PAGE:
America Online Inc. agreed to pay a $1.25 million fine and change its practice of discouraging consumers from canceling service, after New York Attorney General Eliot L. Spitzer started an investigation into the company's behavior.
Spitzer's office received about 300 customer complaints since 2000 and found that AOL's customer service personnel were given a financial incentive to prevent subscribers from leaving the service.
AOL did not admit wrongdoing, but the Dulles company agreed to alter its practices and to use a third-party company to verify whether customers wish to continue getting the service. The company also agreed to refund up to four months' worth of service to all New York consumers who claim harm based on improper cancellation procedures.
The settlement comes as AOL struggles to hold onto its base of 21 million Internet service subscribers. AOL's primary business is in connecting subscribers to the Internet through dial-up modems. That business is rapidly eroding, as more users sign up for broadband connections that come bundled with Internet service from other providers.
AOL has faced other, similar allegations, including a case brought by Ohio's attorney general in 2003. AOL settled that case for $75,000 in April of this year and provided refunds to some consumers. Also in 2003, AOL agreed to a non-monetary settlement on a case brought by the Federal Trade Commission.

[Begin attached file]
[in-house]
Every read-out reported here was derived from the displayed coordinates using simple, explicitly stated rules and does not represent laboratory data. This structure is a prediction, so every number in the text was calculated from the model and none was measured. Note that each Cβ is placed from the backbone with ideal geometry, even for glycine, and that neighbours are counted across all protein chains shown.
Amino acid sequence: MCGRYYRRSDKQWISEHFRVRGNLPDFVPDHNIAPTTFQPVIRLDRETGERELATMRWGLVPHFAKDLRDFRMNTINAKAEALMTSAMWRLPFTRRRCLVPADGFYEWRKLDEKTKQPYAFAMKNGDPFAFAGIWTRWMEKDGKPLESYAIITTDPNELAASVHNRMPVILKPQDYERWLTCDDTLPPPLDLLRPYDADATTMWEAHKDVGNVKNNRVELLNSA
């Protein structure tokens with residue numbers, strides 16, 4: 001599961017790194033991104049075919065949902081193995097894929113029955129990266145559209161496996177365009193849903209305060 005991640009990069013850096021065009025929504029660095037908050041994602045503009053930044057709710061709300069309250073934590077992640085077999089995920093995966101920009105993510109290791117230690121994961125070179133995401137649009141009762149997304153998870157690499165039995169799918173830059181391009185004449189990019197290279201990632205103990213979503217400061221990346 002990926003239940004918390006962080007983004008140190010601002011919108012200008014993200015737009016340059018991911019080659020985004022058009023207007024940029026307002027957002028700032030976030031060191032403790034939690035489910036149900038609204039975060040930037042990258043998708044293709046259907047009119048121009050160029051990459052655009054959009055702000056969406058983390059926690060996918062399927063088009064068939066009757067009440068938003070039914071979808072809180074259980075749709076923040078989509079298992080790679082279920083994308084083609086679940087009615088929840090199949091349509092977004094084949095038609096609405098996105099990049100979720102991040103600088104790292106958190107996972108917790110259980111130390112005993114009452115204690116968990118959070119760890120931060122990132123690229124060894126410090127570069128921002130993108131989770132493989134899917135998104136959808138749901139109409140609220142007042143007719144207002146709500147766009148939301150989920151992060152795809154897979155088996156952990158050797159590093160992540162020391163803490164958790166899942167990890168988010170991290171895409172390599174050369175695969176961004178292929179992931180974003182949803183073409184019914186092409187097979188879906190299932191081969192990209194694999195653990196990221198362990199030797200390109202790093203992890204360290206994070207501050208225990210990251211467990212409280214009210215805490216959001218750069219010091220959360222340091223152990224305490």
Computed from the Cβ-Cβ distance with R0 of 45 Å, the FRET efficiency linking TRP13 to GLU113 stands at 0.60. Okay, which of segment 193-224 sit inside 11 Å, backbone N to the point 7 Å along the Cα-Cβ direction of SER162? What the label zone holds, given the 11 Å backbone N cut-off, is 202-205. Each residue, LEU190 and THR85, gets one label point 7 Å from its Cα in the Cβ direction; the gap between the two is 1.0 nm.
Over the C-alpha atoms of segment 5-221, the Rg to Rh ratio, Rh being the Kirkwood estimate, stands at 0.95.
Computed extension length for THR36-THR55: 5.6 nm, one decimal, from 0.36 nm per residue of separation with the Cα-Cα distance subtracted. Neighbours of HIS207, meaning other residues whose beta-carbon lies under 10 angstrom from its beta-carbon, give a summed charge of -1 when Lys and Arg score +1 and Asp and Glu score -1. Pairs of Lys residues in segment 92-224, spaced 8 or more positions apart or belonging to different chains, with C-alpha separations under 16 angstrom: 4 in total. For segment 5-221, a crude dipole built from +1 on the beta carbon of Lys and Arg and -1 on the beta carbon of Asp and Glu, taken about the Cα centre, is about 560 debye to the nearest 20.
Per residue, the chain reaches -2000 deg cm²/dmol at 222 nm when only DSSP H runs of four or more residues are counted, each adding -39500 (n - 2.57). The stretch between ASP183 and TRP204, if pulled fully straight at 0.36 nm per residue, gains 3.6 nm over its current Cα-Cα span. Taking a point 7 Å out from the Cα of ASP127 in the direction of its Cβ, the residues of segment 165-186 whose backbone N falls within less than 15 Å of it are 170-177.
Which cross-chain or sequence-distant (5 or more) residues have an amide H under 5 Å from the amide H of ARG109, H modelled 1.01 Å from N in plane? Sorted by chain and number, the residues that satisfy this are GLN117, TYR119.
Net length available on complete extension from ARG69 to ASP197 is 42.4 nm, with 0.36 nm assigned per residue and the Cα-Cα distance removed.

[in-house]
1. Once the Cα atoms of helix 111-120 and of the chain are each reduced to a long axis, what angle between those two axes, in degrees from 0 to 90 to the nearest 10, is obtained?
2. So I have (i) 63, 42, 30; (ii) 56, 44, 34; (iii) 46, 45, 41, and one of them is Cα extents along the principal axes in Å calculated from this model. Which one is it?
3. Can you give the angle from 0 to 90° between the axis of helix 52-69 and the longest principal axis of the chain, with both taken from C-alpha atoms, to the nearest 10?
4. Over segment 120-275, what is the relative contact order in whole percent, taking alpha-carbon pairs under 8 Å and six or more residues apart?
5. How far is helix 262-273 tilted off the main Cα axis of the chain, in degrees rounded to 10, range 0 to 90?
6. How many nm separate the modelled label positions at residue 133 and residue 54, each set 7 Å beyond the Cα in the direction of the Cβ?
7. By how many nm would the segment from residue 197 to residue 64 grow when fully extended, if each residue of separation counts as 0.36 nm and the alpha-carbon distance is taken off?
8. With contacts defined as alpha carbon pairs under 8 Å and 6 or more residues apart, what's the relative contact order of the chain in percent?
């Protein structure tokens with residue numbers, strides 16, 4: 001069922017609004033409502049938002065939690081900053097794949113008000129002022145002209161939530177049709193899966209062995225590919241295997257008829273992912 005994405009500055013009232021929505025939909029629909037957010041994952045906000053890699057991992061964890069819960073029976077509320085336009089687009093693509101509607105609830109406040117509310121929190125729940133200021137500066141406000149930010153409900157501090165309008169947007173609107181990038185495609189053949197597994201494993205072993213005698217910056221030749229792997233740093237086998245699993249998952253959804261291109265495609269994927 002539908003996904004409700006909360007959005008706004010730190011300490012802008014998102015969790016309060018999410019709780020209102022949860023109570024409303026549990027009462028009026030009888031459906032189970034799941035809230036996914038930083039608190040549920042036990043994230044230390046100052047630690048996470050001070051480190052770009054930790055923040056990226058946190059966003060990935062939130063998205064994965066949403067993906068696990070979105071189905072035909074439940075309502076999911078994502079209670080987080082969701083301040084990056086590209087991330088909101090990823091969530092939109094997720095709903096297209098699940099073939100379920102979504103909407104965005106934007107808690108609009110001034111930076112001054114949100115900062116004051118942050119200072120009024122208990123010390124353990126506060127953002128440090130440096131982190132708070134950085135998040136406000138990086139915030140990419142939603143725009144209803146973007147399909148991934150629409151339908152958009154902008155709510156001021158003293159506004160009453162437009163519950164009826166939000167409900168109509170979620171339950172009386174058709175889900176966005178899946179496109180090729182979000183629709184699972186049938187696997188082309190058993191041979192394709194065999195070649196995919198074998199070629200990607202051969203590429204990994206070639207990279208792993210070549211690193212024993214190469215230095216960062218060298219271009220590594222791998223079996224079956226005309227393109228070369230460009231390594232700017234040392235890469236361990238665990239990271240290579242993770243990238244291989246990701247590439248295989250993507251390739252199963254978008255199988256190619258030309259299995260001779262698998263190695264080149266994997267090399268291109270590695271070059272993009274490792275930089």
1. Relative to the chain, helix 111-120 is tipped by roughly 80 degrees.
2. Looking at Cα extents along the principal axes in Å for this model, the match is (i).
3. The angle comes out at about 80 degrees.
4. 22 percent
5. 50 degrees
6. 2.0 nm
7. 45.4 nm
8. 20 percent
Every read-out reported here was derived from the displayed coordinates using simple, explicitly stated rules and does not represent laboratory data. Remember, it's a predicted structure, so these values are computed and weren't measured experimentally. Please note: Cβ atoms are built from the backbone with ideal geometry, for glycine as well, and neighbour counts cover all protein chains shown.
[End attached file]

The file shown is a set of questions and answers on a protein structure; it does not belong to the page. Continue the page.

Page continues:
According to Spitzer's findings, AOL customer representatives received bonuses of thousands of dollars if they managed to retain about half of the people who called trying to cancel service -- and that led some employees to fail to process such requests. Workers who did not meet that quota were overlooked for promotions or sent for additional training, Spitzer's office said.
AOL said it will change its procedures within the next several months.
"America Online is pleased to have reached an agreement with the state of New York on certain customer-care practices, and we believe this agreement will increase quality assurance," said Nicholas Graham, a company spokesman.